the letters demanded.
At the Governor's office it was
said there would be "follow-ups"
on the letters. "We will insist on re
plies,” said Emerson R. Boyles, the
Governor’s legal adviser.
Meanwhile Gov. Dickinson indi
cated his approval of an announce
ment by Attorney General Thomas
Read that he would petition the
Wayne County i Detroit > Circuit
Court for a grand jury investiga
tion of gambling in the Detroit area.
The furore over allegations of po
lice connivance with gamblers in
Detroit followed the suicide of
Janet MacDonald, who left a group
of letters charging that a man who
jilted her had been a “go-between”
for gamblers and certain police offi
cers.
Simultaneously a group of Detroit
citizens petitioned for a grand jury
inquiry of the gambling situation.
Water Gate Concerts on WMAL
A full hour of the 12th of the season’s ‘‘Sunset Symphonies”
by the National Symphony Orchestra, under the direction of Guy
Fraser Harrison, guest conductor, will be broadcast over a Nation
wide network by the National Broadcasting Co. this evening.
Through the co-operation of the National Broadcasting Co. and
The Star the program will be heard locally over WMAL.
Tonight's program will be broadcast from 9 to 10 o’clock. By
all means attend the concert tonight if you can. The music and
the setting provide a combination that you shouldn’t miss. If you
cannot attend, tune in the concert on WMAL at 9 o’clock.
In arranging these broadcasts the National Broadcasting Co.
and The Star are co-operating with the Summer Concert Com
mittee of the Symphony Orchestra in its effort to further appre
ciation and support of the orchestra which contributes so greatly
to the musical life of the Nation's Capital.
Ticket* for the concert can be purchased at the Water Gate
tonight.
I *
Plumbers Join
Building Tieup
Tomorrow
Walkout Is Ordered
As Peace Is Sought
In Smoot Dispute
BACKGROUND—
Principal supply of concrete
building materials in Washington
uas shut off completely Thurs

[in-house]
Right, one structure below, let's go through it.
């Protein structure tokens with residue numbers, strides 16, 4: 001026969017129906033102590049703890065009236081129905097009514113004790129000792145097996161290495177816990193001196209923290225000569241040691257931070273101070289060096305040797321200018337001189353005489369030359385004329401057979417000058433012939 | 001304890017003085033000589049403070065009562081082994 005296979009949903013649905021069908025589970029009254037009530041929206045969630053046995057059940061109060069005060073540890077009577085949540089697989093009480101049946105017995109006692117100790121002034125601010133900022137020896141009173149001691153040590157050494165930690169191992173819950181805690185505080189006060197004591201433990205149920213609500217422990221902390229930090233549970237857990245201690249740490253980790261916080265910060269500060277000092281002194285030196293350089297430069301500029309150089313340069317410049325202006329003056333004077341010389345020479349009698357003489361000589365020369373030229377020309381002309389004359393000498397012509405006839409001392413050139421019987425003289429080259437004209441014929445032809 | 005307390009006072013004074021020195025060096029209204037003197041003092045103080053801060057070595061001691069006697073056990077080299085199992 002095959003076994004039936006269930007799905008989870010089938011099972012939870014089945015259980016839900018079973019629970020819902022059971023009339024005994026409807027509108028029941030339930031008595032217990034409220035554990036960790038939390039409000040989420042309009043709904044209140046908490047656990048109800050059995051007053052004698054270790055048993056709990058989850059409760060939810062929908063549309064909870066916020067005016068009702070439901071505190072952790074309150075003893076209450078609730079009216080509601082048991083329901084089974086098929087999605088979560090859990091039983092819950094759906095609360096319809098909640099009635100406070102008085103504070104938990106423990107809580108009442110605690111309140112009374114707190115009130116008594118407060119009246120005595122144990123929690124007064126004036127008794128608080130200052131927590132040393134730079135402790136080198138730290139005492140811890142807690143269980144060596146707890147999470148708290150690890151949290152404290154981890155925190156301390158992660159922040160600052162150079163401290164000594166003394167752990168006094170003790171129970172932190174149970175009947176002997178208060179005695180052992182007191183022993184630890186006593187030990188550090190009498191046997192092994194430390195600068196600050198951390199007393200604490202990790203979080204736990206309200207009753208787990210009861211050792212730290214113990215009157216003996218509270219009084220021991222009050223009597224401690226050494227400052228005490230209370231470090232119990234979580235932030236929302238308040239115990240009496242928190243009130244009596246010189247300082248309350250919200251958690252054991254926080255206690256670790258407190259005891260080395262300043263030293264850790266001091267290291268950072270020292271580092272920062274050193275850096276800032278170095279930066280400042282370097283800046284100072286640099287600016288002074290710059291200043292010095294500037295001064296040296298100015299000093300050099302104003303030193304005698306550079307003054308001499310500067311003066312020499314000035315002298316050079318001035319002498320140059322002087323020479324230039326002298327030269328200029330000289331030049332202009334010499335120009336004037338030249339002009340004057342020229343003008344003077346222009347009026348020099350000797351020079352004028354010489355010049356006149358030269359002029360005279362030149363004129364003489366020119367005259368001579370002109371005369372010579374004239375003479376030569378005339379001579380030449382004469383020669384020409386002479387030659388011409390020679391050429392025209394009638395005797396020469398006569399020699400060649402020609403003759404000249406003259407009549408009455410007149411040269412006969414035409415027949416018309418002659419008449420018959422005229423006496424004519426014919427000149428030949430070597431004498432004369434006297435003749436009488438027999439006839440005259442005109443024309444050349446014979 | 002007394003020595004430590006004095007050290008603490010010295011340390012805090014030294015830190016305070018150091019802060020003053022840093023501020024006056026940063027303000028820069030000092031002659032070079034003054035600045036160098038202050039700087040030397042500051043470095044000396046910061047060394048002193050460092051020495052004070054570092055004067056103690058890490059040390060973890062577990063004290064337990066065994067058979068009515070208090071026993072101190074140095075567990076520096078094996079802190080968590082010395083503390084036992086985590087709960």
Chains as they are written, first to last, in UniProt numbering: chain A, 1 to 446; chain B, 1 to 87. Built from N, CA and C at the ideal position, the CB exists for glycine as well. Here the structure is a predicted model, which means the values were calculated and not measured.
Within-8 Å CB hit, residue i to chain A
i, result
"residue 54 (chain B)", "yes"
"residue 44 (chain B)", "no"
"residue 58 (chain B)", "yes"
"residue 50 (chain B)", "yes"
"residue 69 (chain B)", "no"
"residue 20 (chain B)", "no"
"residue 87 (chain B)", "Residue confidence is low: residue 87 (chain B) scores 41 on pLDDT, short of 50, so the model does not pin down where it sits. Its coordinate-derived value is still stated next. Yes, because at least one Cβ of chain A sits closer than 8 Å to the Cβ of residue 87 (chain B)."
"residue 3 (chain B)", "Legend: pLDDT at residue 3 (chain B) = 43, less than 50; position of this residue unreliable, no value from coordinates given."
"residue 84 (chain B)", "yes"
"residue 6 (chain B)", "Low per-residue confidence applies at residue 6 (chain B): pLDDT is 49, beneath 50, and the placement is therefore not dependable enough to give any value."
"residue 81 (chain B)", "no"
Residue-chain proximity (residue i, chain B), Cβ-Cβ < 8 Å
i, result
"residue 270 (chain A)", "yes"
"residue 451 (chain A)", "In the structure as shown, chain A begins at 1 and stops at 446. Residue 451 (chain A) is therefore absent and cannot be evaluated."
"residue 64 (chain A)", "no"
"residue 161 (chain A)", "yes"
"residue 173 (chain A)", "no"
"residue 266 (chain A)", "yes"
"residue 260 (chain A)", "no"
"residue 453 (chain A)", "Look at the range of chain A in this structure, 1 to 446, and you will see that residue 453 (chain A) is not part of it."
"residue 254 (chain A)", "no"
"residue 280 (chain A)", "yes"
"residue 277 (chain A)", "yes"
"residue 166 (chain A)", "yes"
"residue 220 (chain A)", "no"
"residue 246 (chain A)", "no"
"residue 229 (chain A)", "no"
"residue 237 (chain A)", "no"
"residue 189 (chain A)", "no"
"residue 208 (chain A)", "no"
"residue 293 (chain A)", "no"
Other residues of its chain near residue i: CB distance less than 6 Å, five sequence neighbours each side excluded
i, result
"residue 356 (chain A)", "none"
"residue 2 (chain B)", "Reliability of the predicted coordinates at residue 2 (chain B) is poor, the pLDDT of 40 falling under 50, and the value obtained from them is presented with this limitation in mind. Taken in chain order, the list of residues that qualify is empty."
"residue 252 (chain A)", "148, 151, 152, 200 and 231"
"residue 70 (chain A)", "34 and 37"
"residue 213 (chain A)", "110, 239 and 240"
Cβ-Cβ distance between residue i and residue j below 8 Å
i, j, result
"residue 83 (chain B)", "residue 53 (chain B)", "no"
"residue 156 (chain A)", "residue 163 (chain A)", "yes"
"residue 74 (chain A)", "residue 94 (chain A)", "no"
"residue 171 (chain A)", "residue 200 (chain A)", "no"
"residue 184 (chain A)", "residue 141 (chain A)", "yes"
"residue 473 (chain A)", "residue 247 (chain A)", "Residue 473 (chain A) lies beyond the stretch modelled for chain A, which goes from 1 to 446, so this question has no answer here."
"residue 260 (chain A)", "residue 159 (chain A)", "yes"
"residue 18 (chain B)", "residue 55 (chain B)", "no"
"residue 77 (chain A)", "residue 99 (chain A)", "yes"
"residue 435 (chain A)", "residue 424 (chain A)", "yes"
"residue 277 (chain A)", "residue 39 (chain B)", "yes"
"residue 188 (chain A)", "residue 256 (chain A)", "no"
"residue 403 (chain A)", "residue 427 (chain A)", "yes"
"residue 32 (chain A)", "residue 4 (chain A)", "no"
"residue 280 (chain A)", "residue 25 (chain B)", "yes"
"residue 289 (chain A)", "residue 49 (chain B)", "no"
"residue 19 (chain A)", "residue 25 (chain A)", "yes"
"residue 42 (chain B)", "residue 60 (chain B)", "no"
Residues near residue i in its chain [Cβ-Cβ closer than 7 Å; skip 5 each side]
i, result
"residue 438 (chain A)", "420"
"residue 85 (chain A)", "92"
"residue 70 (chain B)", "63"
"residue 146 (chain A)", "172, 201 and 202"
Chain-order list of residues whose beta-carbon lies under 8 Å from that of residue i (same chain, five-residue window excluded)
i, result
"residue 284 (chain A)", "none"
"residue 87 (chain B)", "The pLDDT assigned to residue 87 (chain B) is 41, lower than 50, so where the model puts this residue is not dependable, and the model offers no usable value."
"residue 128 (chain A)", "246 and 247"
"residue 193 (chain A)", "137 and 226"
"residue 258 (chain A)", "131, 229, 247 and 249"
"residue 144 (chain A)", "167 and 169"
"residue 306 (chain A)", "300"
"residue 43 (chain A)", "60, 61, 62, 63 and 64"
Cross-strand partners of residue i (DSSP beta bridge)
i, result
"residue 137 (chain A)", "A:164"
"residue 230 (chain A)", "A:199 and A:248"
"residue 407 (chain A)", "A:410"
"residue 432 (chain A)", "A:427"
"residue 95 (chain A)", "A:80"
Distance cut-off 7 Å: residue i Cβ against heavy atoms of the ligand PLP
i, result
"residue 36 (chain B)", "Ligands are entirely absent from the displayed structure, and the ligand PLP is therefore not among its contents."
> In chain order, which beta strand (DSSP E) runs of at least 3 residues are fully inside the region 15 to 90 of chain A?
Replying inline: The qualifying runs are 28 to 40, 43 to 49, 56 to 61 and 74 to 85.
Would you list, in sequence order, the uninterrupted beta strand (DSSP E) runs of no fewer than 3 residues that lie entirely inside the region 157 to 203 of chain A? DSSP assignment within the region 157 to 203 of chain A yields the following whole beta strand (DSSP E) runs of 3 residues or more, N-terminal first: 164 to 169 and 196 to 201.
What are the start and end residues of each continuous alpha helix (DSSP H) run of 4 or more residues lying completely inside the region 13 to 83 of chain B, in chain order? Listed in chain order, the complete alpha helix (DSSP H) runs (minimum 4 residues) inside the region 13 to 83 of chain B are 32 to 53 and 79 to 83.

day when Smoot Sand & Gravel
Co. ceased operation three days
after employes struck for “better
working conditions. ’ Work on
big Federal and District building
projects has been slowed almost
to standstill while warring fac
tions have been attempting to
settle differences under guid
ance of a Labor Department con
ciliator.
More than 300 plumbers are sched
uled to go on strike tomorrow in a
city-wide walkout, further compli
cating Washington's building con
struction program already brought
almost to a standstill by the week
old sand and gravel tieup. The Star
learned last night.
Ernest S. Ott, business agent for
the Plumbers Union. Local No. 5,
.)i»iu a sunn i inti v* no 11V1U
day between representatives of the
Master Plumbers Association, lead
ers of the International Union of
Journeymen Plumbers and Steam
Fitters and local officials, after mem
bers of the local had voted in favor
of the strike last Wednesday.
“Work will cease Monday,” Mr.
Ott said the joint conference de
cided. “Only a few small jobs under
way with contractors who have
signed satisfactory union contracts
will continue."
Mr. Ott explained that the union,
an American Federation of Labor
affiliate, is asking tl per day in
crease over the $12 wage, which
"has prevailed for 10 years.”
Federal Projects Affected.
Plumbing work on all Federal
projects and most of the major mu
nicipal and private construction